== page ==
"You’re an idiot. There's no chance."
This was the response Ben Verner, President of Huk Gear, received when word got out about his plan to go bluefin tuna fishing on a Stella spinning reel.
When Drew Herma, Director of Marketing at Huk, heard Verner's crazy idea, he was supportive but didn't see how it was possible. He told Verner, "Oh yeah, cool man, you're gonna get it,” but in his mind he was thinking, There's no way. There's just no way.
Apex predators, Atlantic bluefin tuna are built like torpedoes. They can reach speeds of 60 miles per hour and can weigh over one thousand pounds. Did we say that they’re built like torpedoes? These monsters are torpedoes. And if you’re lucky or brave enough to hook one of these beasts, you’re in for a real test of strength and endurance. And if you’re body’s aching after the battle, how do you think your reel is feeling?
Bluefin tuna fishing is no joke. A giant bluefin tuna will test the drag strength of any reel, the breaking point of any line, and the mettle of any angler.
Spinning gear, on the other hand, is generally thought of as light-line finesse tackle, best suited for bass, trout, and panfish—hardly suitable for bluefin tuna fishing. Sure, anglers have been known to use spinning gear to catch larger species like redfish, snook, and striped bass, but a half-ton fish? That’s reeling on the edge of the absurd! It just isn't done.
"I just thought this was going to fizzle out and he was just going to be excited to catch a fish," said Herma as he reflected on the moments that took place before the Huk crew headed offshore. "Well, we get up here, and sure enough, Verner shows up with two brand new Stellas."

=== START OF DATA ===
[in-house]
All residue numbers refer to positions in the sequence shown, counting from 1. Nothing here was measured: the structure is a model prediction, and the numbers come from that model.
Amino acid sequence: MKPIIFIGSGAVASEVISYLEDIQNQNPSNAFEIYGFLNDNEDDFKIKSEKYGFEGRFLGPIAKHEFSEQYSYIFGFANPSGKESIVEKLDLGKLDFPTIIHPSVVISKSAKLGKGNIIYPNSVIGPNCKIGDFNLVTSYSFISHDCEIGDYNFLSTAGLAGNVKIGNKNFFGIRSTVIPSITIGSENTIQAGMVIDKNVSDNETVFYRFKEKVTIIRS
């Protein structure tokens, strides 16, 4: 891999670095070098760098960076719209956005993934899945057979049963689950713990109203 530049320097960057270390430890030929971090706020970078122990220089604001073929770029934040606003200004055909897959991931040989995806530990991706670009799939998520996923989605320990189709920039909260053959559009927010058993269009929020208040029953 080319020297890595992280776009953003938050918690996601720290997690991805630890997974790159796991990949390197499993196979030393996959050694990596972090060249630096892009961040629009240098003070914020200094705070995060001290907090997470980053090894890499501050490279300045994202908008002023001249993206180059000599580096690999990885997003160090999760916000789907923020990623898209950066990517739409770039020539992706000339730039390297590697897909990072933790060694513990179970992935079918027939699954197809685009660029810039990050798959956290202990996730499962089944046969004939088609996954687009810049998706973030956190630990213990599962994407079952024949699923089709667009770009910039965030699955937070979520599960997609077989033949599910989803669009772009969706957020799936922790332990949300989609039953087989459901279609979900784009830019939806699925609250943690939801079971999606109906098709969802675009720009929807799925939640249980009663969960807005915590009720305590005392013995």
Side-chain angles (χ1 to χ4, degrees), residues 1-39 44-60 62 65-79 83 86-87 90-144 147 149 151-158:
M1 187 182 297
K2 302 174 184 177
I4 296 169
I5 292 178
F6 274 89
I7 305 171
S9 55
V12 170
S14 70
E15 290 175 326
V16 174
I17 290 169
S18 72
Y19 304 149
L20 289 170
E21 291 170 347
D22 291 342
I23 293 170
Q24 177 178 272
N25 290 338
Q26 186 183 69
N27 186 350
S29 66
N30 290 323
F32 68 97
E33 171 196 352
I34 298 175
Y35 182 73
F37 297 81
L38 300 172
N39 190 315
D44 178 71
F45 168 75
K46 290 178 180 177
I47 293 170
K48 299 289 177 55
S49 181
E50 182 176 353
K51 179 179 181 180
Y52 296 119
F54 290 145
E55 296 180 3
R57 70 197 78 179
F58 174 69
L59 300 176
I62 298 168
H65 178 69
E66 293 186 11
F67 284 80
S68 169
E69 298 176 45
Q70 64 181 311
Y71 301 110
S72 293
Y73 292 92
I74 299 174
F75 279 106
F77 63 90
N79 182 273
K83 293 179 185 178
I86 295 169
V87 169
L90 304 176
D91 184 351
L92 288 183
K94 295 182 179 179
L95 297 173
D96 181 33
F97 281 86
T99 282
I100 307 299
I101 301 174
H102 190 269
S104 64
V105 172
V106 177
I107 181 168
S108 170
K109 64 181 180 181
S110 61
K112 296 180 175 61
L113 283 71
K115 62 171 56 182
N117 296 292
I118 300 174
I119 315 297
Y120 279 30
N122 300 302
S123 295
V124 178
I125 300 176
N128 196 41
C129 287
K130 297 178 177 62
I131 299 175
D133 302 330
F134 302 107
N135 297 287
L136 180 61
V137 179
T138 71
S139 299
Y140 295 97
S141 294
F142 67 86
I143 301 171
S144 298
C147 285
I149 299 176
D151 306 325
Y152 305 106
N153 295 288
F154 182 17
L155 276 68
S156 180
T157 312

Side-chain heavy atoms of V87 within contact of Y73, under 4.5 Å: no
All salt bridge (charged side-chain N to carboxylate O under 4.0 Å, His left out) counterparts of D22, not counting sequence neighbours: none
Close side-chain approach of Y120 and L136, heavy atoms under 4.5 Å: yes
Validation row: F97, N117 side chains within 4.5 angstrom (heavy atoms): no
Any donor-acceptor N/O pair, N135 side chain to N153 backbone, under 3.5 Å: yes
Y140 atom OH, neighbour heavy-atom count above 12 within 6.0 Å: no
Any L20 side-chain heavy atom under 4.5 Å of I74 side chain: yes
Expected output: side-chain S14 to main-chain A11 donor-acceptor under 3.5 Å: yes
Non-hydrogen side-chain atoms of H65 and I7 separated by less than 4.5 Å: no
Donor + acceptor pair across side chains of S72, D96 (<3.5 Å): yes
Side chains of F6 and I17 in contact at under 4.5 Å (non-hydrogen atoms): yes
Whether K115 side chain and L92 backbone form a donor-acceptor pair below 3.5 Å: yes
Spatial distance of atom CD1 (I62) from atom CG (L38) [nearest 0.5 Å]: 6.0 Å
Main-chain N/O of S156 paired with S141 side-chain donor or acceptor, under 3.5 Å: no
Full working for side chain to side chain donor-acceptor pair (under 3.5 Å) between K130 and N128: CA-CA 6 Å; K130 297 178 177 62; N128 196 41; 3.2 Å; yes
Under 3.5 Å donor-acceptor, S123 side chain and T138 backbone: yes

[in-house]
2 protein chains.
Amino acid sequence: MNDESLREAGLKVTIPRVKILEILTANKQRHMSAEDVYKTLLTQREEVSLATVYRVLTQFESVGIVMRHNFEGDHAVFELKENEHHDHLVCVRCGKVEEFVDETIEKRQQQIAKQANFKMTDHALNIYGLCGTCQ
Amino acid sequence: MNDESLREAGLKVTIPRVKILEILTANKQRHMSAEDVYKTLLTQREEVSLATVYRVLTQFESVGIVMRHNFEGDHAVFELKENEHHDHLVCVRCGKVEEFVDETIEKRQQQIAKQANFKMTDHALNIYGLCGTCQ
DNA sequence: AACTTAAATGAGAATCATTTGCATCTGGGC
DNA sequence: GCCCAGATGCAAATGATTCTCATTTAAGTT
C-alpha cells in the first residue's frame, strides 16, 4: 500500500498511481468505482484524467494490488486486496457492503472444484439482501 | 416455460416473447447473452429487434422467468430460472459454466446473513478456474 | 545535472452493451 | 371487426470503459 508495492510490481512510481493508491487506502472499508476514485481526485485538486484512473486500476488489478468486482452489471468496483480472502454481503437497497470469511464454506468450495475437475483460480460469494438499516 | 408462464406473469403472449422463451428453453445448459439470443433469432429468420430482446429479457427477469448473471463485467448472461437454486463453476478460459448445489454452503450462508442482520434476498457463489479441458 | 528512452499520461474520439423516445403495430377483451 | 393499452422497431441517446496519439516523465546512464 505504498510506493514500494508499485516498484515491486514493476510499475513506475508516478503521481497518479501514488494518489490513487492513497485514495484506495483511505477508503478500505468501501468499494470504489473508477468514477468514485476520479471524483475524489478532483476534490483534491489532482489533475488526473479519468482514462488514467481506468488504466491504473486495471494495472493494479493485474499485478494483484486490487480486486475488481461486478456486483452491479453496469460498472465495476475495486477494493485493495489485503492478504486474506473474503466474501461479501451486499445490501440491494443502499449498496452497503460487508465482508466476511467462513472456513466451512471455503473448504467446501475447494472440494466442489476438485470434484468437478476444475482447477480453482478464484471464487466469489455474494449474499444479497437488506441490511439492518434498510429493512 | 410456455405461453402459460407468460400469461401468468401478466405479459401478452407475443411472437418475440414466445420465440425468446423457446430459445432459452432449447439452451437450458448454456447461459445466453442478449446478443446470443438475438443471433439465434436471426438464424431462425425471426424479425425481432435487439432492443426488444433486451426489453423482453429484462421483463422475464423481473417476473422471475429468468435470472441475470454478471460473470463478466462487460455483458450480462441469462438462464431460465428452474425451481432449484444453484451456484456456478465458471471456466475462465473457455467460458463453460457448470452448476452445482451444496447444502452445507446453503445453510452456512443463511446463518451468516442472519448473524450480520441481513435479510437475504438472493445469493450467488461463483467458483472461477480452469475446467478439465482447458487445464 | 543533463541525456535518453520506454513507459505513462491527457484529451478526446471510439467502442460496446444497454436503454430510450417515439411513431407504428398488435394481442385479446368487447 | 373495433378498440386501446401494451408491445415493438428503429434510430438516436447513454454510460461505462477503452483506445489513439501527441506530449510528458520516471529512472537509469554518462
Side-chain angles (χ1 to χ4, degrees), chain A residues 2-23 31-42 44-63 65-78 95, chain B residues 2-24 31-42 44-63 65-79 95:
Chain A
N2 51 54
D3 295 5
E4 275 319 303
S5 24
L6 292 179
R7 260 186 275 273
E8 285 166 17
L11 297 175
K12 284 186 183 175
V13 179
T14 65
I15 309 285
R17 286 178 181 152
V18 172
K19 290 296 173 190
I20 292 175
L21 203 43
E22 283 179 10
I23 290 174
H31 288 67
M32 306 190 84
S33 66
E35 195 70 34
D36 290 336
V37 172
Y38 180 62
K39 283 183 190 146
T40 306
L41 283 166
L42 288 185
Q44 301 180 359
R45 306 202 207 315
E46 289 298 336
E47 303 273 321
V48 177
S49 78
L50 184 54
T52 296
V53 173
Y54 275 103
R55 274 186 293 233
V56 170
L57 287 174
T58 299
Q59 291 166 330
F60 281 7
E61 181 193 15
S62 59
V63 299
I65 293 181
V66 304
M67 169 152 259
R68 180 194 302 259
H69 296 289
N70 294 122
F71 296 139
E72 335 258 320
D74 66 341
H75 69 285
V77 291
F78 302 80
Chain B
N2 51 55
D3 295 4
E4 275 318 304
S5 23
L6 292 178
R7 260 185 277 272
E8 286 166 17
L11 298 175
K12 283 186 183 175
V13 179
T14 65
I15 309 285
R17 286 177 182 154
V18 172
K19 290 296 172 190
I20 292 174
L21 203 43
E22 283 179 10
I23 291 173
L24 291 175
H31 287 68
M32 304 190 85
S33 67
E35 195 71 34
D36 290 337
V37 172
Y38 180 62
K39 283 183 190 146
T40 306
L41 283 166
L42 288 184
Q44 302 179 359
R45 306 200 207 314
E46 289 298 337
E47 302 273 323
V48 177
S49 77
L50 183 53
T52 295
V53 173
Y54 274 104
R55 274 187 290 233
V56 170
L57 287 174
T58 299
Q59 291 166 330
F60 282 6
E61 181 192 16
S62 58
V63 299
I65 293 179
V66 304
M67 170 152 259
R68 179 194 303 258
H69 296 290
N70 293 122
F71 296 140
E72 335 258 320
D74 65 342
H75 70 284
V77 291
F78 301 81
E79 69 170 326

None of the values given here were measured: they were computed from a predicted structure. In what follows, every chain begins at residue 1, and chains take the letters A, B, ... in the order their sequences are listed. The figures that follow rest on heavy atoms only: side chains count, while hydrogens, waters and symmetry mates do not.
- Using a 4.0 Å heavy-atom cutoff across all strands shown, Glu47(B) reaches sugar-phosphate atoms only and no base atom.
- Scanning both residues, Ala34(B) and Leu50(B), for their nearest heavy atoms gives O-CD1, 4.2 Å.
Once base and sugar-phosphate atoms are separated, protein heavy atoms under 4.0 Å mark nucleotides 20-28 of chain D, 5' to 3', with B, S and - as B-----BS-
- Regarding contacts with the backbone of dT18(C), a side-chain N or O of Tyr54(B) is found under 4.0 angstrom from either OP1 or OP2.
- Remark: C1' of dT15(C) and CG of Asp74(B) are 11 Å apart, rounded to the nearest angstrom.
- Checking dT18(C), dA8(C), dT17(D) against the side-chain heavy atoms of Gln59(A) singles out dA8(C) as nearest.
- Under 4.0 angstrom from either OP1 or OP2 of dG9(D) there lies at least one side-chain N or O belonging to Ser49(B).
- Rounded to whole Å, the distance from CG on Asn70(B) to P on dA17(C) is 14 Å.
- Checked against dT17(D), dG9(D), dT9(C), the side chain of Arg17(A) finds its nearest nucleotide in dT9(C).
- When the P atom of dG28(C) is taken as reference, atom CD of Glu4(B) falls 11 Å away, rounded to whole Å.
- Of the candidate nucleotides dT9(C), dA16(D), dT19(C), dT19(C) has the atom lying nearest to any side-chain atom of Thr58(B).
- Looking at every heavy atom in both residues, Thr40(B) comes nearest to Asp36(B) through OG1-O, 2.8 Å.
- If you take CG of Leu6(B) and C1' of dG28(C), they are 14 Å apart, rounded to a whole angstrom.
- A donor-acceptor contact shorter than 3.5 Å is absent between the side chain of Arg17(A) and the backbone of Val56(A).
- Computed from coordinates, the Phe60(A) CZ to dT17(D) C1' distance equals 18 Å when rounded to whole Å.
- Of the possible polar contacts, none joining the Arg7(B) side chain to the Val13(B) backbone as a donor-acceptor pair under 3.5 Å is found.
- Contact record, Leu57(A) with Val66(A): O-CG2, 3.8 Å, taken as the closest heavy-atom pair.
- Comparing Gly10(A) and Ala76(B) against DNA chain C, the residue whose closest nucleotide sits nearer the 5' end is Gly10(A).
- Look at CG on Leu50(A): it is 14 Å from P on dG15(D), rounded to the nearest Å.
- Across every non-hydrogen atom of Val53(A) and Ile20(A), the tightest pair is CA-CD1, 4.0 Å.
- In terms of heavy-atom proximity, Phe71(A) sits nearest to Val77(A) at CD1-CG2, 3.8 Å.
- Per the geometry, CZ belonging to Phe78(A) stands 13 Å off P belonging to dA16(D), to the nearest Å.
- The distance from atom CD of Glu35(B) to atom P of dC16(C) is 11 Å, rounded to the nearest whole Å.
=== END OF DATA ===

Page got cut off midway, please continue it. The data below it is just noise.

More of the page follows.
As casting time drew closer, Verner himself wasn't so sure how things were going to pan out.
“You know, I came on the boat with the rod un-rigged and fully expecting to hand it to the mate who would rig it up and hand me a tuna-ready setup,” Verner admitted. “At the end of the day, these guys don’t fish with braid,” he said, recalling the moment he realized he was on his own—alone with the Goliath, armed with little more than a slingshot of a reel.
Verner spooled up his Stella with 150 yards of 100-pound test Seaguar Threadlock Hollow Core Braid and mounted it on a heavy-weight Shimano Terez rod. He was confident in his gear selection but wasn't sure what knot to use for the business end of his line.
"How are you going to tie a one hundred pound braid to a one thousand pound fish?"
Verner scoured the encyclopedia of fishing knots he’d accumulated over the years and ultimately decided on a 35 turn bimini twist for the terminal end of his line. With that last preparation, he was ready—or ready as he’d ever be, anyway—to cast his miniscule line into the lair of the gigantic beast.
Huk Pro Staff member, Skeet Reese, was on deck with Verner that day. He shared what happened next: "Verner rigs up his little six-six spinning rod, throws a bait out there, and one of these giant bluefin tuna eats it and I'm like, alright, here we go."
This tuna must have been a particularly proud member of his species. Having latched on so quickly, he must have known, must have been waiting for Verner, ready to put the Stella spinning reel to the test. Bluefin tuna fishing with a spinning reel??? As soon as he took the bait, line ripped off the reel at a terrifying speed. The electric whir of the line had everyone’s hair on end. Thirty seconds went by. A lesser reel would have simply melted. Then came the realization: the fish was still on, the reel still intact.
Verner had taken a leap of faith, and he’d landed on his feet. He grounded himself and settled in for the fight. He held his own, reeling and pumping, reeling and pumping, giving his opponent hell.
"After about ten minutes,” Reese reflected, “I was thinking hmmm, maybe he's really got a shot.”
To everyone's surprise, including Verner's, the Stella held up for all 47 minutes of the grueling battle with one of the hardest fighting fish in the ocean. With the giant bluefin tuna boatside, Verner achieved what he’d set out to do, proving everyone wrong and winning himself not only an incredible trophy but one monster of a fishing tale.
“We’re real happy with how it all worked out,” Verner said, humbly reflecting on his achievement. “It’s not a grander, but man, six hundred-plus on what is basically a giant bass rod? I think it’s pretty special.”